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Long-Term Care Planning at Any Age

Long-term care costs are one of the leading causes of going broke for persons of retirement age.


You can work hard all your life, save your money, plan your future, and then lose it all when you need care that costs $6,000.00 - $10,000.00 a month or more.


I've seen this happen time and time again. Even people with $1 million in assets or more go broke at times from these huge monthly costs.


So, is there anything you can do? The short answer is YES. I know I've posted about this before separately here and here. Now I want to tell you about how to combine the two.


Here are a few things you should think about for future planning:

  1. If you're married, do you have the right estate plan? If you are in Washington, and you are married, you almost certainly need a Will-based estate plan with spousal Supplemental Needs Trusts. If you already have a Revocable Living Trust, you should immediately have it reviewed by an elder law attorney. If you want to know more about why a revocable living trust can be destructive for a couple in Washington, you can also attend my free webinar on trusts here on January 11 or watch the video posted after that.

  2. If you're age 18 or older, you should already have Powers of Attorney. Those documents should be thorough and cover any situations now or that may arise in the future so that you are deciding who will help you and what you want them to do on your behalf. Waiting until you are older could be devastating if you have an accident or illness at a younger age and have not prepared. If you're wondering what should be in a good Power of Attorney, I will be discussing it in several of our Winter Webinars. You can view those topics here. I am also happy to review any documents you already have or meet with you to discuss what you might need and why. You can contact us to make an appointment for a free consultation.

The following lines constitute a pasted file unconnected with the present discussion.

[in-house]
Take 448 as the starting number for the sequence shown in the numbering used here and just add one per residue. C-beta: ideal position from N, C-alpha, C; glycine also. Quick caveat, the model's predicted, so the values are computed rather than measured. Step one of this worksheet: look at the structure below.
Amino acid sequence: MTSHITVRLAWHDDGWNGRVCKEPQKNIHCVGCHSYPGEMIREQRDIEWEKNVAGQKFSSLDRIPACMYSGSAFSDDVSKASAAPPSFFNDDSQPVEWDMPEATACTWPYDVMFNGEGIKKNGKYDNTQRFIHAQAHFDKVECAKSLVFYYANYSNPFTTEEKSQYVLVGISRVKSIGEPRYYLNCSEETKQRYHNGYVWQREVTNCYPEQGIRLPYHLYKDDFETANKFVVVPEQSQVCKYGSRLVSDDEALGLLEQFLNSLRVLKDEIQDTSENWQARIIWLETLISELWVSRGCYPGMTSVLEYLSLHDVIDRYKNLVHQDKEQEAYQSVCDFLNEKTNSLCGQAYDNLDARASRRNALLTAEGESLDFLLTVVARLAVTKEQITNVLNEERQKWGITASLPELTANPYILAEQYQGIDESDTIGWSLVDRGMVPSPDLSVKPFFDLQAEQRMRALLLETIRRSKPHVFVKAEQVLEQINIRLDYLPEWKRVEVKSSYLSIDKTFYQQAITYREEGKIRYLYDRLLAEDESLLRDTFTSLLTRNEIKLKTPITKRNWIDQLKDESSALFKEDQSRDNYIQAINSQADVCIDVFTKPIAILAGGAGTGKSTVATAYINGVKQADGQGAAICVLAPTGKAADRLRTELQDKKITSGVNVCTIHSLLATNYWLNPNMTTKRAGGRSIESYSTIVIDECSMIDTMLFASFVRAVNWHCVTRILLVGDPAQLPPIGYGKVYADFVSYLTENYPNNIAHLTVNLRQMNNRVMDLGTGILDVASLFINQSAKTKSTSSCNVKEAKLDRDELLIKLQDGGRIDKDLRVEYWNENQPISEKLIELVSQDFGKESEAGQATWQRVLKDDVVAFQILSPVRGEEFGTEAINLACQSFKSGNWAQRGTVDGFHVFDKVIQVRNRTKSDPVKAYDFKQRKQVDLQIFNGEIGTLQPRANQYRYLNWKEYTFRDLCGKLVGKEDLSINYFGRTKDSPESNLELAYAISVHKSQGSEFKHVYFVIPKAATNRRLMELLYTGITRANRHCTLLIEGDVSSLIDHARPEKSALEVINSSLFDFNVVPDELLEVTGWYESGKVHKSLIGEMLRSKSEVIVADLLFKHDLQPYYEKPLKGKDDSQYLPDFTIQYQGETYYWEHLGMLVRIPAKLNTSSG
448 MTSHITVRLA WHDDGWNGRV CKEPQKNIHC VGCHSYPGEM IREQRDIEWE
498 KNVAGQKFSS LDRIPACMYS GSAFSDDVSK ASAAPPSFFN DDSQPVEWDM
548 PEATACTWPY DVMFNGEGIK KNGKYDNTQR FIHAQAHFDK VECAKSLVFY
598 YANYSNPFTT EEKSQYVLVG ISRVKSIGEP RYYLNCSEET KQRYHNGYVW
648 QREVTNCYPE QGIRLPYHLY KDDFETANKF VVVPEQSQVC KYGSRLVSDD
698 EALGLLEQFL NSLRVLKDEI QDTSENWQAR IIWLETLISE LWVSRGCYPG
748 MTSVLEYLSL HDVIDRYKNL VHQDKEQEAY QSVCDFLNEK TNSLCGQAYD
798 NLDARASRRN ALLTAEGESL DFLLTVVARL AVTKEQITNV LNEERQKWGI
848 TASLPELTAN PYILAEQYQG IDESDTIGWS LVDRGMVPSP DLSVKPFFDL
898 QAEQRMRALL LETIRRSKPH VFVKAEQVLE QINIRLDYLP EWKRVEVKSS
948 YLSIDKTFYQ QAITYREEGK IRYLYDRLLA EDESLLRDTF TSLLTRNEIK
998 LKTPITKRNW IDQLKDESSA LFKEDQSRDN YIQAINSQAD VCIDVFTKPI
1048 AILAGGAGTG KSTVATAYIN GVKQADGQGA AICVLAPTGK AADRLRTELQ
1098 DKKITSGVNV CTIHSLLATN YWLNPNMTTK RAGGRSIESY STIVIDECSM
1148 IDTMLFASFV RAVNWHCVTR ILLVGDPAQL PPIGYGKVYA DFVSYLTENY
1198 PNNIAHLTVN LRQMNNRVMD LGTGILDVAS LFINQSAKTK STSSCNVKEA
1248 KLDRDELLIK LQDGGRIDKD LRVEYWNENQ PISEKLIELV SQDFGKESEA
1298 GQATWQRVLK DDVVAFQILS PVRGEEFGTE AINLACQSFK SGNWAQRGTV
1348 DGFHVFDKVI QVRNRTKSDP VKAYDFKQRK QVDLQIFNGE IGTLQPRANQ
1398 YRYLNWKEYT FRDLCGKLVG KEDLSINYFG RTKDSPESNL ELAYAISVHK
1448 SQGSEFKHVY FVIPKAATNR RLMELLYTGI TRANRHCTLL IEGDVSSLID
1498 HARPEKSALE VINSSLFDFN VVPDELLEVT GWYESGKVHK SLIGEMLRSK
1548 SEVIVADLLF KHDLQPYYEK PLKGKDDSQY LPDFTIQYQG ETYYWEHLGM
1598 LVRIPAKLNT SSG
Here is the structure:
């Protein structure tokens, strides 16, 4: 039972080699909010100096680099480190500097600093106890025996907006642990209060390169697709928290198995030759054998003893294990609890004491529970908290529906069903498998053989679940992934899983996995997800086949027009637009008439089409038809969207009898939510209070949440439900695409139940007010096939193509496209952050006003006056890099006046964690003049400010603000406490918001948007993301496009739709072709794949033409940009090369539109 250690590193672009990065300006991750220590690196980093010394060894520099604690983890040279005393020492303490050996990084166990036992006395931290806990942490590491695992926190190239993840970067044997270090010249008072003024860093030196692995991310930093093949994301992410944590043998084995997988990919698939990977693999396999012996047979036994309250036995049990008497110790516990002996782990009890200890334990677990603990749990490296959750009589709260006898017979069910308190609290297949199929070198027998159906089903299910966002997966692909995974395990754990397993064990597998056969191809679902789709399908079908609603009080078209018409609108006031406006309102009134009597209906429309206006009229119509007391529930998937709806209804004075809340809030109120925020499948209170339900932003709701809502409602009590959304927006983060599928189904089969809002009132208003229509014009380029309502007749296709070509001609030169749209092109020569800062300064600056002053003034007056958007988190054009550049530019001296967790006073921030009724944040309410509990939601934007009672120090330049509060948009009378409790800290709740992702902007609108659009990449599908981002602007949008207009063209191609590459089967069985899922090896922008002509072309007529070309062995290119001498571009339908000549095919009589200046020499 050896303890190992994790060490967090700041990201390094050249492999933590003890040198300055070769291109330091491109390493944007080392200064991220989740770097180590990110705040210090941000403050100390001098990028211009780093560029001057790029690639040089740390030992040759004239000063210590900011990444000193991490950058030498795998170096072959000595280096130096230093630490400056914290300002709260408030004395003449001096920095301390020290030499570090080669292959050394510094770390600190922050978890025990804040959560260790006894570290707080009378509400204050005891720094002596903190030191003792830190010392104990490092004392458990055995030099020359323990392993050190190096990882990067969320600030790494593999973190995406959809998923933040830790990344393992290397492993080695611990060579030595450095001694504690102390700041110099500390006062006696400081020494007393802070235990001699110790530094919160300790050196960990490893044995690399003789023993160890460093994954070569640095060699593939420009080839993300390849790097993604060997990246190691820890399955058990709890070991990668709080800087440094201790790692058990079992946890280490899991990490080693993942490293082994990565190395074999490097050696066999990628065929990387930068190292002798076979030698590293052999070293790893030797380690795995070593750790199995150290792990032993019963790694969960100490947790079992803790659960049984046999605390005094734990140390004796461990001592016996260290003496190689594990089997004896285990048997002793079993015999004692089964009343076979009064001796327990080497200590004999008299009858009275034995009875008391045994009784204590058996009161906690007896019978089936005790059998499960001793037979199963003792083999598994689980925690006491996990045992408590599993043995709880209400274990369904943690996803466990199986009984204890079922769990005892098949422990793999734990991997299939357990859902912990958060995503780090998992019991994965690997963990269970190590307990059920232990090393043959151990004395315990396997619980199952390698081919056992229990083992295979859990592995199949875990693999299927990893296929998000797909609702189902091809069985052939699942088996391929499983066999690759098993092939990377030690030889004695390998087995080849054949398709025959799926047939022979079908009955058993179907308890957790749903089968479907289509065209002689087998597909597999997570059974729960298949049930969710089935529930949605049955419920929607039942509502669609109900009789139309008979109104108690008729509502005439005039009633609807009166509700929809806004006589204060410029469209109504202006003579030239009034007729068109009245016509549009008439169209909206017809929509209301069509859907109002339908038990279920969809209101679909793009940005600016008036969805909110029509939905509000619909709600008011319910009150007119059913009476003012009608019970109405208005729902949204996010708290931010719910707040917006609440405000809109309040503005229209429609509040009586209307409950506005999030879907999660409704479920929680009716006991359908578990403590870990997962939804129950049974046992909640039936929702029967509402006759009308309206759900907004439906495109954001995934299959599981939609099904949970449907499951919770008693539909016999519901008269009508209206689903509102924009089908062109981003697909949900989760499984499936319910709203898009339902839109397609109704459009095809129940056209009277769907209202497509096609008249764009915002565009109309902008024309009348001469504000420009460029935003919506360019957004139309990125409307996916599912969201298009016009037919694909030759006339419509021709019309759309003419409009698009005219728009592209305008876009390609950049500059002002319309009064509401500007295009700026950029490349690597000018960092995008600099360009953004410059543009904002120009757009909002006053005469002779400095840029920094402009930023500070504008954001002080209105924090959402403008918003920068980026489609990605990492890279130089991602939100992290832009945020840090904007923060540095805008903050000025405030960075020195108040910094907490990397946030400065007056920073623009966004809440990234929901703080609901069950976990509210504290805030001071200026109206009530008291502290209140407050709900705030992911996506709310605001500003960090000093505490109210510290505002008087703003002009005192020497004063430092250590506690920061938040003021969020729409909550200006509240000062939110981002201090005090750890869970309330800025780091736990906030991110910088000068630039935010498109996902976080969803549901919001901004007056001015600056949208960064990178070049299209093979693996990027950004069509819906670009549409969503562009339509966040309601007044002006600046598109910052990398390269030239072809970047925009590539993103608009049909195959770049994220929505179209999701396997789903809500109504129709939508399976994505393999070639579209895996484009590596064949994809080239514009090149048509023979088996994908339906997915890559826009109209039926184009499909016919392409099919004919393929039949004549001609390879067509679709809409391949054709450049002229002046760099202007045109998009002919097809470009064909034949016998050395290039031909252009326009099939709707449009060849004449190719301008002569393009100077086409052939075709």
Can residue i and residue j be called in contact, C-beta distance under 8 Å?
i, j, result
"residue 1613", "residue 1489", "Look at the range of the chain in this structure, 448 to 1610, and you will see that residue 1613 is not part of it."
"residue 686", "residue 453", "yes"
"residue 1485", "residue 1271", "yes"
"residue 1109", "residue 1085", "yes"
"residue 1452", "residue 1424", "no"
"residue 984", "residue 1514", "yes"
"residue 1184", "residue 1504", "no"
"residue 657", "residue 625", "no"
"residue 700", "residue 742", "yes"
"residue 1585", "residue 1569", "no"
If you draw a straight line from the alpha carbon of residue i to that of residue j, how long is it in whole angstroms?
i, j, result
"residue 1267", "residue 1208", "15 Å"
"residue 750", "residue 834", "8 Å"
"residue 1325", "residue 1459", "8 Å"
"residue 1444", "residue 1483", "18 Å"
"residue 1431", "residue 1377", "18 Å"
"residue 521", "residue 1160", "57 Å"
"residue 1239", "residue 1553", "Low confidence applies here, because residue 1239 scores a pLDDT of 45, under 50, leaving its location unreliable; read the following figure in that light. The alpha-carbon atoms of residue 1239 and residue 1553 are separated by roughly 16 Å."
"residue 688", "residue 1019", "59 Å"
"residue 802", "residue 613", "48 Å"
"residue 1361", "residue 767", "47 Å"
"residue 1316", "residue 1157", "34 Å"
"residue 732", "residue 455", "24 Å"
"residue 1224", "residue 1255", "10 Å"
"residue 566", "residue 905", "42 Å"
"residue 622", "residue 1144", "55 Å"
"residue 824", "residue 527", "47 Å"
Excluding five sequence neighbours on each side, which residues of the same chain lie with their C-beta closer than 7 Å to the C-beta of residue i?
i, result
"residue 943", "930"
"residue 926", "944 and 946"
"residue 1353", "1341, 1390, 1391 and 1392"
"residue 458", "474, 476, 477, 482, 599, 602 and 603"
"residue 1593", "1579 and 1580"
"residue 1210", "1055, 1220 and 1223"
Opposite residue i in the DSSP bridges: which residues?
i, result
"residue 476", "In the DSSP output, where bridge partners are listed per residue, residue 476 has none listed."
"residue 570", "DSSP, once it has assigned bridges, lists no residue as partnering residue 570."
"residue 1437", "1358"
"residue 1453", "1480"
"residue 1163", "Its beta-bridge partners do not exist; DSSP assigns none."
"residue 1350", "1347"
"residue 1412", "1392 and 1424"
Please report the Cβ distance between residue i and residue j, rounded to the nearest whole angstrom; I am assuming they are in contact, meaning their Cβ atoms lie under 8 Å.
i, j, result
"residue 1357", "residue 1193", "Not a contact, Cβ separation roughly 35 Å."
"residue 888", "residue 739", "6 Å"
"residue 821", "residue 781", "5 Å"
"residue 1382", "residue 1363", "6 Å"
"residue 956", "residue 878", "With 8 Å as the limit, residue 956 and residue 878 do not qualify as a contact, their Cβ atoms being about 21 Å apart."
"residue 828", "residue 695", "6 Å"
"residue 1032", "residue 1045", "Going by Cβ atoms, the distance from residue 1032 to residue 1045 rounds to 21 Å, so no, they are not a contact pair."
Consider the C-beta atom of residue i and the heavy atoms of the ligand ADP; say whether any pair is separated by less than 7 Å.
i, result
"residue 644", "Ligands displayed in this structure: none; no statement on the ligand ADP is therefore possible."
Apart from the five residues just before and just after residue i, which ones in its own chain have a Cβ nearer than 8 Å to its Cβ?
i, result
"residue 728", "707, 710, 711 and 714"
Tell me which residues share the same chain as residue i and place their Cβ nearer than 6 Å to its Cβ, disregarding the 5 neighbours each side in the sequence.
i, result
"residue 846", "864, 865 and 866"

3. If you are not married, you may still want to consider whether you should have a will-based or trust-based plan. If you are younger, you might want to consider whether future planning for possible long-term care and medical costs is appropriate now. Single persons have far fewer options than married persons do when it comes to Medicaid and VA planning later in life. The earlier you start planning for those contingencies, the better. I've talked briefly about this before in the blog, and will cover it more in depth in the Winter Webinar series on December 14. You can RSVP for that here or find the video posted in the same place after the Webinar is over.

Long-term care costs are huge and they can wipe out an estate, but you can do things to prepare for them and prevent the asset loss. Contact our office today if you have more questions!


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